Tree Huggers Unite

We honeymooned in Kaş on the Turkuaz Coast. I was by then a seasoned Turkey traveller but Liam was an excitable novice. Kaş is a beguiling Bohemian jewel, surrounded by a pristine hinterland that has been mercifully spared the worst excesses of mass tourism. No expense was spared and we took a suite at the Deniz Feneri Lighthouse Hotel through Exclusive Escapes, an altogether superior hotel by an altogether superior travel company. No one star Gümbet with no star Thomas Cook for me on my first and final honeymoon. We bathed in the sparkling blue waters, strolled along the relaxed hassle-free promenade, feasted by candle-light and danced the night away with the locals in Bar Red Point, the best watering hole in town. I promised Liam the genuine Turkish shave experience and we got a lot more than just something for the weekend from the predatory married barbers on the pull. It put Liam off for life.

We hired a car and explored some of surrounding must sees in old Lycia. The area is stuffed with them. We lunched in pretty but twee Kalkan, meandered through the grand ruins of Patara, relaxing awhile on the adjacent beach – a stunning 18km protected stretch of soft white sand – and bathed in its shallow waters. We stumbled across the intimate ruins of the cult sanctuary of Letoon and watched turtles play in the warm pools. Letoon seduced us with its intimacy while nearby Xanthos, one-time capital of Lycia, awed us with its monumental scale and picture postcard aspect.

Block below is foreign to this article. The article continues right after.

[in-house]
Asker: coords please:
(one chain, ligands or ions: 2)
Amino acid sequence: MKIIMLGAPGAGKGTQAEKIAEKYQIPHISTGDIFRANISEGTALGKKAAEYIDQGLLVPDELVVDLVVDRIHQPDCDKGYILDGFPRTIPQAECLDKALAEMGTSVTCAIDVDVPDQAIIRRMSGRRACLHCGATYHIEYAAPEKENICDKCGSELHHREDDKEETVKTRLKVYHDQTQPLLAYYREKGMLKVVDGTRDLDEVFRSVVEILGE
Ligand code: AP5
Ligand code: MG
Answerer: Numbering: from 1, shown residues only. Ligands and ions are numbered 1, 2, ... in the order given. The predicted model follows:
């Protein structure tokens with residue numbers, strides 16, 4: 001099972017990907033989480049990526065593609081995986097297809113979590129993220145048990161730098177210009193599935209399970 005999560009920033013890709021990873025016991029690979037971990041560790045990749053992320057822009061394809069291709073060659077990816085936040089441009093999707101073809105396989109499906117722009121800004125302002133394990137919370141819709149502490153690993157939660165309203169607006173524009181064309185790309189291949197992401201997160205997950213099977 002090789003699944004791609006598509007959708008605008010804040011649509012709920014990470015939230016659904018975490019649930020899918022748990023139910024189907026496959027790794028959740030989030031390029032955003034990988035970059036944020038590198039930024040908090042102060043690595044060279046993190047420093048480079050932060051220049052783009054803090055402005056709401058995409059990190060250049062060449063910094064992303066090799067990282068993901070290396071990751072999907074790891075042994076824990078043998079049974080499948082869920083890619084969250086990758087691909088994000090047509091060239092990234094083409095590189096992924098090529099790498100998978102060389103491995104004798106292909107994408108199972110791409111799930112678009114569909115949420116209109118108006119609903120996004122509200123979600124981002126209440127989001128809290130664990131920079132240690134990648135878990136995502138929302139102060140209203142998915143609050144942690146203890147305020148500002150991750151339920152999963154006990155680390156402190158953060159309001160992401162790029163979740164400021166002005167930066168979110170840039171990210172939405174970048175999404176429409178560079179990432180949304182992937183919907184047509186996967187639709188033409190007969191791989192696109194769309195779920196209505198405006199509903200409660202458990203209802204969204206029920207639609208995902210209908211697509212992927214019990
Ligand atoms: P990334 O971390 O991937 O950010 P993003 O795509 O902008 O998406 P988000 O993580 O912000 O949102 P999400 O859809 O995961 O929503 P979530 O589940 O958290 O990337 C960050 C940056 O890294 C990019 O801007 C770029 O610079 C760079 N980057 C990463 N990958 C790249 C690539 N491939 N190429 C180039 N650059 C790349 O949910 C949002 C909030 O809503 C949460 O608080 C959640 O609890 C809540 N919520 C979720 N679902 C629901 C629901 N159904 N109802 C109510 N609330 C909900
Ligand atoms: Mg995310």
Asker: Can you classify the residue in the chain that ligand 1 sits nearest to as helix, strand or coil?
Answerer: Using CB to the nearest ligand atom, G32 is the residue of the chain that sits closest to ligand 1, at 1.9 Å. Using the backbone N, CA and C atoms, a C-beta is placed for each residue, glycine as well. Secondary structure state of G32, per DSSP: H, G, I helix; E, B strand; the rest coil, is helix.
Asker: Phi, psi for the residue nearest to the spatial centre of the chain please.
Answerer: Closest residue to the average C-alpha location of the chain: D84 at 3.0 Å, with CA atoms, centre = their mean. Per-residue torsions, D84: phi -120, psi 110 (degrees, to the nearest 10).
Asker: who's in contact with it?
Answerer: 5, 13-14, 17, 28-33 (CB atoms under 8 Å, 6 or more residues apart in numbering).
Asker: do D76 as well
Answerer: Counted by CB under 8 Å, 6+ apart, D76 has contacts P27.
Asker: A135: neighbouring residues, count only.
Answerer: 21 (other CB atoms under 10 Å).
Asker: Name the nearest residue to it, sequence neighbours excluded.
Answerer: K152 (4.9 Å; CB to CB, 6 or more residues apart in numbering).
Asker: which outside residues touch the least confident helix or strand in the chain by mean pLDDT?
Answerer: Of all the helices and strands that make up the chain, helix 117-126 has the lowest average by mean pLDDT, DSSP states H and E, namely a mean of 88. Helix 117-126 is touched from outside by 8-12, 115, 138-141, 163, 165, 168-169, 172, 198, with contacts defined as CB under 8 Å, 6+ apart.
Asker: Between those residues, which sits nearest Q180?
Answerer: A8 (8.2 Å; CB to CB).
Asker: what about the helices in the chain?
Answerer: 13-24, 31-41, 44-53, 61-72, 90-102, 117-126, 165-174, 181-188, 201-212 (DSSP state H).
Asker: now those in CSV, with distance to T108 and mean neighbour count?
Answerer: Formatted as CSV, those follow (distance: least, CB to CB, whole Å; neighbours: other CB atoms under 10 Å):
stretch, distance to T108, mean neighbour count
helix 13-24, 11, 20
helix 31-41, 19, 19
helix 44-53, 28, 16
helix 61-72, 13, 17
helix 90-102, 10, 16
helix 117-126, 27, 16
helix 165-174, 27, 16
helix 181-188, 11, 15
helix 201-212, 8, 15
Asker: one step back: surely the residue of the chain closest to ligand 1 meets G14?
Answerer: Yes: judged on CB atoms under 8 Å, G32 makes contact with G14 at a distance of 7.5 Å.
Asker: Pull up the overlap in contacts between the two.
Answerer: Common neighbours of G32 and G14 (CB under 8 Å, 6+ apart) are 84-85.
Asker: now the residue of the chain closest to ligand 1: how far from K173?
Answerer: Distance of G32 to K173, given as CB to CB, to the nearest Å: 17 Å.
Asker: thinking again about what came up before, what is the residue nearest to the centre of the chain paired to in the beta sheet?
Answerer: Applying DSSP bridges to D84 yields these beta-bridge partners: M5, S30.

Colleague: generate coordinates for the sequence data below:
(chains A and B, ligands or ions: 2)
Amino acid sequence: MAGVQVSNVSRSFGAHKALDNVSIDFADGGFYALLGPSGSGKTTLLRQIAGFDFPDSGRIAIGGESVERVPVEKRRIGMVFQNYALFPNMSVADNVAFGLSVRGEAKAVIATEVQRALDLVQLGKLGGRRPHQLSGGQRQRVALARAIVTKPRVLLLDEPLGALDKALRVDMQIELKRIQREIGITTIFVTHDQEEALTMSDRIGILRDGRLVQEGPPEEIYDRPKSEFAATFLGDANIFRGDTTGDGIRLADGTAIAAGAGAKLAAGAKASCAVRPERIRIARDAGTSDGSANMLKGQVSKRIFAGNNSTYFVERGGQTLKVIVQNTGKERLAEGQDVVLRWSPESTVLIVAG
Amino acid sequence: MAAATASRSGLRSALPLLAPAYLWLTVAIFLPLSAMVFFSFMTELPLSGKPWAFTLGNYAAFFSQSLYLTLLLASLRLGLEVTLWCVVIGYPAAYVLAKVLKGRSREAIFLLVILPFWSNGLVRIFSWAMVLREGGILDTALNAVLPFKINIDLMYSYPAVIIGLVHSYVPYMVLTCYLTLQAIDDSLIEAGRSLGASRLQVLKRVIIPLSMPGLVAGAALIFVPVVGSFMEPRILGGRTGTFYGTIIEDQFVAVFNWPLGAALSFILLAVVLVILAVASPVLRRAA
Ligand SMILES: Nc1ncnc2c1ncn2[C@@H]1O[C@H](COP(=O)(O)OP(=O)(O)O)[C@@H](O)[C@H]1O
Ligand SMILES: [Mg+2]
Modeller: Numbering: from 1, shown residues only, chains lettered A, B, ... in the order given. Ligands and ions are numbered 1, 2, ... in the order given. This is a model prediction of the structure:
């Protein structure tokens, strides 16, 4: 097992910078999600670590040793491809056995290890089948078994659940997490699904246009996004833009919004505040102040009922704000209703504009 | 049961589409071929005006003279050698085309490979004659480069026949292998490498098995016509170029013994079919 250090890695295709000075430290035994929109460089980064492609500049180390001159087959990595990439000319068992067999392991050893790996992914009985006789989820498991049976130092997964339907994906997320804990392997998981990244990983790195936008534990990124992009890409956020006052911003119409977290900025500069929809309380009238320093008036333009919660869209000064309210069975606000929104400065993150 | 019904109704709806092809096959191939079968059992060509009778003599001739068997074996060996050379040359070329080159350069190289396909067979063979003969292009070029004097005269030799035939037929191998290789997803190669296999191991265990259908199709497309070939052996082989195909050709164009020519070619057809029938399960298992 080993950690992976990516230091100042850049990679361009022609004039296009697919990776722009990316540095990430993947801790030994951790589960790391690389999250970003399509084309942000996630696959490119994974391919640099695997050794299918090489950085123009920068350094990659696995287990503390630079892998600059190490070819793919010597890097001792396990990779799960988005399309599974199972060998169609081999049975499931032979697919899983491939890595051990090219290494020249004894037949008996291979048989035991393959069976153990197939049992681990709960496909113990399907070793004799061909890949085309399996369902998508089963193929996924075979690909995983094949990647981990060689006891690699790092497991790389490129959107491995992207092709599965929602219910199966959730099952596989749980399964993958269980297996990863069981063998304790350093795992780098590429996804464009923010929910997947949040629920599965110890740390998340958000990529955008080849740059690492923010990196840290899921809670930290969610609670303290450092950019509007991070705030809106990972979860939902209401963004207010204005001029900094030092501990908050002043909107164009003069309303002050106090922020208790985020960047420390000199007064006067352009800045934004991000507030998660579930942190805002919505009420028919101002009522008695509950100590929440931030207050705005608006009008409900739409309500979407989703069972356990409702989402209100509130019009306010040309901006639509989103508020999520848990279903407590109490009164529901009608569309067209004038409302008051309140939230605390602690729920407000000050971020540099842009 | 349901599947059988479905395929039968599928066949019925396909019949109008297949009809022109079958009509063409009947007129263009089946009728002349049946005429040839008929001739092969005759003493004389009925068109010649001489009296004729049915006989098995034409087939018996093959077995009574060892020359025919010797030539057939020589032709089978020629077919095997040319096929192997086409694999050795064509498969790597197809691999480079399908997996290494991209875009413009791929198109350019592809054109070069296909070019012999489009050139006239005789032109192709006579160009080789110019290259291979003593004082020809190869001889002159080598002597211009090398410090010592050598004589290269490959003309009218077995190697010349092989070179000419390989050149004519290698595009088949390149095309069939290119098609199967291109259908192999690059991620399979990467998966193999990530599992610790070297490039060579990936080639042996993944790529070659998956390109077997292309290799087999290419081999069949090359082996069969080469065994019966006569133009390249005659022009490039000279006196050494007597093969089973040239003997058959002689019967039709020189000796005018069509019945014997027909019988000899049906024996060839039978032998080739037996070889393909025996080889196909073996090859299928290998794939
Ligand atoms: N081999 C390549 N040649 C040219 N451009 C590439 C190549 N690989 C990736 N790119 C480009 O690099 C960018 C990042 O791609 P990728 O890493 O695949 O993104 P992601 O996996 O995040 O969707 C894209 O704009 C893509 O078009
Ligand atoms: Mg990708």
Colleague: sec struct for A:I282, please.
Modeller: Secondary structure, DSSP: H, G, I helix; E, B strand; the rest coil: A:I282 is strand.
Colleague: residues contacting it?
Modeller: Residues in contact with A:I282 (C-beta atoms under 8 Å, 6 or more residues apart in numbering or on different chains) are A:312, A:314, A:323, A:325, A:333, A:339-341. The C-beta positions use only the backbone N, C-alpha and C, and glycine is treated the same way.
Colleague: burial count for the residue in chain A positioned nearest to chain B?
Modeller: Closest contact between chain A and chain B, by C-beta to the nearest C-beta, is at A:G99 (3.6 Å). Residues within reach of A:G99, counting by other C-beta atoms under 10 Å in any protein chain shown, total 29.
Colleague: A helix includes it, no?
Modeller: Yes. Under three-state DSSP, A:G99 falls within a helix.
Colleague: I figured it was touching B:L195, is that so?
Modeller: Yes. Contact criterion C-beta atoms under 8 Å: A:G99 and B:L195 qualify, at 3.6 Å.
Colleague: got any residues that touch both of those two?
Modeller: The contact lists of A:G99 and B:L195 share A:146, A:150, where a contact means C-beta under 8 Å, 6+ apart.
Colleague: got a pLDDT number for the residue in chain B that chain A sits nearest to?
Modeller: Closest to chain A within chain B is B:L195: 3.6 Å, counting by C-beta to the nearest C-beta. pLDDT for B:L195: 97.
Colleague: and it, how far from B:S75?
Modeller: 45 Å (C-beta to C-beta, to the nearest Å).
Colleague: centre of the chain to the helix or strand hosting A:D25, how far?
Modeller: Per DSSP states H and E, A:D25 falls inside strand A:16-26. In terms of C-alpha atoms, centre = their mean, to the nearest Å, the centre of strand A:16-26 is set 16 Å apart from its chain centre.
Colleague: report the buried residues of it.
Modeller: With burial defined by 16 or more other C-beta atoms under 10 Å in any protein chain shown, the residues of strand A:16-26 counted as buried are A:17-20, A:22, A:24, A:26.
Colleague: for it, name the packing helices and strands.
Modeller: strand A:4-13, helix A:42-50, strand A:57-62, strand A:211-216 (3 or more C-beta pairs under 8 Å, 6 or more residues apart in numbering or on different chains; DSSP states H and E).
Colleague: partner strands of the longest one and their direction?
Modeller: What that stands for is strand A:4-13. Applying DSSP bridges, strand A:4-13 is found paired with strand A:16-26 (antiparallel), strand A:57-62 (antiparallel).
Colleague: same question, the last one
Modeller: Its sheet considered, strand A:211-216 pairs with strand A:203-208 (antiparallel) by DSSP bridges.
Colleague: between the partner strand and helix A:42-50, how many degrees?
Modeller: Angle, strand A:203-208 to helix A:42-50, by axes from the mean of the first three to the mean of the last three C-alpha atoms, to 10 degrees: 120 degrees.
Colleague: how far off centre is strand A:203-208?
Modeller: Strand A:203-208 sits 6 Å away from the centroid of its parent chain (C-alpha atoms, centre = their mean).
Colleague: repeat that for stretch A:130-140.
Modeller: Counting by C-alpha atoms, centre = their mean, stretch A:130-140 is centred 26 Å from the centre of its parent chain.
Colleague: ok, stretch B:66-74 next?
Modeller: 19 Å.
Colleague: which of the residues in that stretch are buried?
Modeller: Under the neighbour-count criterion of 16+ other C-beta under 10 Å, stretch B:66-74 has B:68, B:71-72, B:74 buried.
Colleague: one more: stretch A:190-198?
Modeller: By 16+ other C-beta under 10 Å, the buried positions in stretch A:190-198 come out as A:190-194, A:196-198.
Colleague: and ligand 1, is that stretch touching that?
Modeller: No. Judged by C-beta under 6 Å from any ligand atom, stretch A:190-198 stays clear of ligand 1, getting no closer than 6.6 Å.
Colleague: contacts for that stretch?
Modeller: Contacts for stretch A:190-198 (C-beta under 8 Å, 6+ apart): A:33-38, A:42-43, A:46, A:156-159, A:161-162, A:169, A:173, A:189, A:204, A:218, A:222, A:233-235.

My first visit to Kaş was ten years earlier and it had hardly changed a bit. It was then that I met a middle-aged Scottish emigrey couple. They were ex-publicans with money to burn. The lazy town had worked its magic and they instantly decided to buy a house – no research, no cooling off, no going back. Prices were cheap and they visited a cashpoint machine each day to gather the deposit. I wonder if the dream lived up to the reality.

It was in Kaş that the seeds of our own change were sown though germination took another year. As we sipped chilled wine by the glorious infinity pool, we idly speculated about dropping out of the rat race and finding our place in the sun. We dreamed of Kaş and the Turkuaz Coast as if our lives could be one long honeymoon. Common sense prevailed as it must. Kaş is what it is because of its glorious isolation, protected by a wilting three hour drive from the nearest international airport. I hear talk of a new gateway to open up the coast. I would gladly chain myself to a tree like Swampy or pitch a tent like a Greenham Common lesbian to prevent it.

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